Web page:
Residents in the western United States support reforming the federal coal-leasing program.
According to a new poll released Tuesday by Public Policy Polling, 64 percent of voters in western coal states support updating the coal-leasing program, including looking at royalty rates for companies and updating the leasing terms.
Fifty-two percent of coal state Westerners support reforming the program so “taxpayers get a fair deal,” according to the survey. Two-thirds say those leases should not go to companies that haven’t cleaned up former mining sites, and 53 percent said a new coal leasing program should do more to protect public lands.
“The thing about this issue that unites a majority of Westerners is they are interested in making sure the government doesn’t waste taxpayer money when it comes to the use of natural resources,” said Chris Saeger, the director of the Western Values Project.
“The thing that unifies people in the center in a number of these coal-producing states is the idea that when publicly owned coal is being used to produce energy or to be sold to produce energy, it should be done transparently and that American taxpayers should get an honest return on that transaction.”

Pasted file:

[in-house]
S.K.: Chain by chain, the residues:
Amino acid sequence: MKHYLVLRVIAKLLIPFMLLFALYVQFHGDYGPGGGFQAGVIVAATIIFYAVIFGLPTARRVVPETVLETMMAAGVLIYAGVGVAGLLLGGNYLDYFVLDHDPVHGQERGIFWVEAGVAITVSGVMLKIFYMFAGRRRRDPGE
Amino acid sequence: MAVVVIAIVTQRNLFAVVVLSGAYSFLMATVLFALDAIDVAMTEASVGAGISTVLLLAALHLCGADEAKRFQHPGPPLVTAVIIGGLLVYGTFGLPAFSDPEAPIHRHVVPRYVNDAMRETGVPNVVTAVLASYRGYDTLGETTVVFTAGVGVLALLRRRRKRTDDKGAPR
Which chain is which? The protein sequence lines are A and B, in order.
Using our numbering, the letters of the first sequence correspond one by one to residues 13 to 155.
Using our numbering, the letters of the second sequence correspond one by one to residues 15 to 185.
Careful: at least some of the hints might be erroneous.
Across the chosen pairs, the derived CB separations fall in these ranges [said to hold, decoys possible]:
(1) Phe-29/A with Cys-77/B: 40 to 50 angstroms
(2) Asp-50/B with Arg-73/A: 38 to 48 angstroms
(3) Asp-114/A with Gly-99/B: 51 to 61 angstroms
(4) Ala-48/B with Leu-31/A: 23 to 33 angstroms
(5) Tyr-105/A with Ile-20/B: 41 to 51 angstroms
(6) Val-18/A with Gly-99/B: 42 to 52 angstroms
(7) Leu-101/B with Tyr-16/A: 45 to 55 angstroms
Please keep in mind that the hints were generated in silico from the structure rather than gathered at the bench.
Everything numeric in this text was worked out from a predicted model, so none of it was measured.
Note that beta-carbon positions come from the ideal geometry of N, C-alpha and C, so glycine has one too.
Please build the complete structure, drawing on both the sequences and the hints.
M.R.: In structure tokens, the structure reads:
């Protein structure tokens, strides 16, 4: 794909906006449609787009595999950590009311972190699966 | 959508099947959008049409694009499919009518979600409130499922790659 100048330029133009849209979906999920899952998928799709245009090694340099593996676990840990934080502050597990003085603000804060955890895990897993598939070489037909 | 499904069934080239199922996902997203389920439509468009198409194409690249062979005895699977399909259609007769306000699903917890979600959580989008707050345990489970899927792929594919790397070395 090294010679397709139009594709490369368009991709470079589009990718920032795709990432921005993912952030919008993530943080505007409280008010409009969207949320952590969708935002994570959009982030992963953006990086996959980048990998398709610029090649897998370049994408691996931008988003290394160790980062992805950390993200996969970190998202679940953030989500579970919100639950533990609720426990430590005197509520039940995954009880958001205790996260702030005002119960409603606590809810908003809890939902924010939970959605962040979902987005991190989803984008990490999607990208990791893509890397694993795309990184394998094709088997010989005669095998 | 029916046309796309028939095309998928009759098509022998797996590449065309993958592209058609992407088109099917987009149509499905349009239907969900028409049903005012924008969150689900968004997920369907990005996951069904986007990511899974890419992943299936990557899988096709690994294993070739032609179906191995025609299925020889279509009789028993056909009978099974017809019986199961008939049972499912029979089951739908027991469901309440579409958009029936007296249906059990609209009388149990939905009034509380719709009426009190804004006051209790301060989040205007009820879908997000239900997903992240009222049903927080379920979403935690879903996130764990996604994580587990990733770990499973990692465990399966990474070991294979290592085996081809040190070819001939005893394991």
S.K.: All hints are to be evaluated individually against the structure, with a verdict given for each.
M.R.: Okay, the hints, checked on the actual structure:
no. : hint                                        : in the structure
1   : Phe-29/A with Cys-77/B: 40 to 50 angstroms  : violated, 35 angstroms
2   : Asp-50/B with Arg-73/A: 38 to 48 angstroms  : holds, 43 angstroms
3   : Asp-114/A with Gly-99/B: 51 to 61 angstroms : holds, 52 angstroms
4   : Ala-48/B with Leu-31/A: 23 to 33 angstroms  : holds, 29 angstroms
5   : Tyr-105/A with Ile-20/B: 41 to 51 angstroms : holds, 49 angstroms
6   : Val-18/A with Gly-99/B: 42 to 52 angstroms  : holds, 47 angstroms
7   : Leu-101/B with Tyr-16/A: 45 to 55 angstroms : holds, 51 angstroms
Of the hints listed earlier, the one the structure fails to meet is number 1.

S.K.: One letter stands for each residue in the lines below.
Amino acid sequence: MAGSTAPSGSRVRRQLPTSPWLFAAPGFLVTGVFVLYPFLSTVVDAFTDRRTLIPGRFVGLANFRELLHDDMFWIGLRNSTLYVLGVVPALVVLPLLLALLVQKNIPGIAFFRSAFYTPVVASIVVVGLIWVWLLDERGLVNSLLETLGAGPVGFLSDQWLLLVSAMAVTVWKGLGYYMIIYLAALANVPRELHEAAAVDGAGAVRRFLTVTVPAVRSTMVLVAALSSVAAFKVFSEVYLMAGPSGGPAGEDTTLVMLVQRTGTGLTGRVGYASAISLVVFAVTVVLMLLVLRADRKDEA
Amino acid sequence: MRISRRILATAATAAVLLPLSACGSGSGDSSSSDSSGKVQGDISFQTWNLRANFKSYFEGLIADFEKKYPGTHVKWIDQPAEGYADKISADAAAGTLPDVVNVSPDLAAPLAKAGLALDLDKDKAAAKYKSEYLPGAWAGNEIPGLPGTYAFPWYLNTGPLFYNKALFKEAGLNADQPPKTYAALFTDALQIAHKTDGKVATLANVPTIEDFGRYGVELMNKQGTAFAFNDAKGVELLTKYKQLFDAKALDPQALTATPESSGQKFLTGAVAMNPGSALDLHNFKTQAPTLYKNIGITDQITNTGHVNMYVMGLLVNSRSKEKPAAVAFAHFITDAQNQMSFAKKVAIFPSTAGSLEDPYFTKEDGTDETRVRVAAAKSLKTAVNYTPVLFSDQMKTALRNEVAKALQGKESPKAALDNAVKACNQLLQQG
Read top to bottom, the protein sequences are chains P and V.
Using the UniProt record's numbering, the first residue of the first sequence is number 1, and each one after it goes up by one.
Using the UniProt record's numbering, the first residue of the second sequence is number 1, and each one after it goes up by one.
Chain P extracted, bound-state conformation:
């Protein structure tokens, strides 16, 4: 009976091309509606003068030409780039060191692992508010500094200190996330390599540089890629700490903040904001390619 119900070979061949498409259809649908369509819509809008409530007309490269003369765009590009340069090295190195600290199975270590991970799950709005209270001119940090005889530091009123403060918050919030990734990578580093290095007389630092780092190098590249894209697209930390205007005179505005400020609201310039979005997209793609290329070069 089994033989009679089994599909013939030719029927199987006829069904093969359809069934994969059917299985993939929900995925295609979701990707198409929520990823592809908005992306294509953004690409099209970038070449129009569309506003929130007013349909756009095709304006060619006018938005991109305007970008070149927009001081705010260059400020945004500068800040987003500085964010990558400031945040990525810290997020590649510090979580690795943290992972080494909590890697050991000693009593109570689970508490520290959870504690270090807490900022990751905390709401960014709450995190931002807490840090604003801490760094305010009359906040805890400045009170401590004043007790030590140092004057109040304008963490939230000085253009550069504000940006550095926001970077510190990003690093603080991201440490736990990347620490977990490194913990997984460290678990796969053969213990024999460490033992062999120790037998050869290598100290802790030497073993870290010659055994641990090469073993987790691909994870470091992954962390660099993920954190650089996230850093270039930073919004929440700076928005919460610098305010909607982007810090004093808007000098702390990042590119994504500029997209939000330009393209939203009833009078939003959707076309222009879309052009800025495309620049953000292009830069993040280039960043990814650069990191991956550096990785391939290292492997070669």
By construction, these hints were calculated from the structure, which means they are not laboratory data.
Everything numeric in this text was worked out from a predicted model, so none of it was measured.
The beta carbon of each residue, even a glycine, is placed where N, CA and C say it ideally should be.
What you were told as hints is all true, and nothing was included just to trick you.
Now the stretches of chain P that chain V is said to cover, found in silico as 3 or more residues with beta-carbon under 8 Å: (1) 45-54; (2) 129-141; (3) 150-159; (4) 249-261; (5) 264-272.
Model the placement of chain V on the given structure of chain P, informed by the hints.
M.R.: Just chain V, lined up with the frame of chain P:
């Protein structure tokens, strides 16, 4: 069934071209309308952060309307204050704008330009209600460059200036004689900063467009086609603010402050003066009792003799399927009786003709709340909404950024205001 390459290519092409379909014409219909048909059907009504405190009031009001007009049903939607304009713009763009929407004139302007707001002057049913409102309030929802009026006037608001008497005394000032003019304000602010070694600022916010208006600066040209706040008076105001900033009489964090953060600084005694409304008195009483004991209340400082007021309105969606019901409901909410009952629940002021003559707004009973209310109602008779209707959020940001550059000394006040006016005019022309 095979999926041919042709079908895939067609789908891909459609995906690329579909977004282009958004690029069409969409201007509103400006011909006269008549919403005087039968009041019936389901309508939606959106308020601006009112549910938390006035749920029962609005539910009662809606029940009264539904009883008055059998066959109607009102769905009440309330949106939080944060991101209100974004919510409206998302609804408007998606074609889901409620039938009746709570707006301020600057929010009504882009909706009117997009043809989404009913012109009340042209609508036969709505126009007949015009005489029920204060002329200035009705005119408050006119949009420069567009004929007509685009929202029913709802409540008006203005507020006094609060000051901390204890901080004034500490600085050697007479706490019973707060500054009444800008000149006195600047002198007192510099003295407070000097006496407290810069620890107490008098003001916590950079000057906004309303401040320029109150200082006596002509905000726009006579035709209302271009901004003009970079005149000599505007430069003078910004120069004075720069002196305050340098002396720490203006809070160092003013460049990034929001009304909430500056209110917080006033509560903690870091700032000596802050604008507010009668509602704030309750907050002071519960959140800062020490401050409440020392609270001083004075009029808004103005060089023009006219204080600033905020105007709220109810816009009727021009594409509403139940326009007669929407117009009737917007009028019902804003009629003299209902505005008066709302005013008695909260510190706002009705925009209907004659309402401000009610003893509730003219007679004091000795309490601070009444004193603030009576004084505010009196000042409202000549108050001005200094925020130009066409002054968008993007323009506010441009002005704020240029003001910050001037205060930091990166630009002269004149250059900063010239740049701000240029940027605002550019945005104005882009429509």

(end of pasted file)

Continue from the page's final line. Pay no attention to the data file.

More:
The poll — of 3,017 residents of Montana, Wyoming, Colorado, Utah and Washington — comes as the Interior Department continues its review of the coal-leasing program. Officials are aiming to update the terms of the coal-leasing program for the first time in decades, with the goal of accounting for the impact coal mining has on climate change and the state of the land.
The Obama administration instituted a moratorium on new federal land coal leases during the review, which could take up to three years.
Republicans and coal interests in the West — where most federal coal leases are held — have opposed the review, saying it will hurt coal-mining companies.
The survey was released Monday, the day before federal officials hold a public hearing on the coal review in Seattle.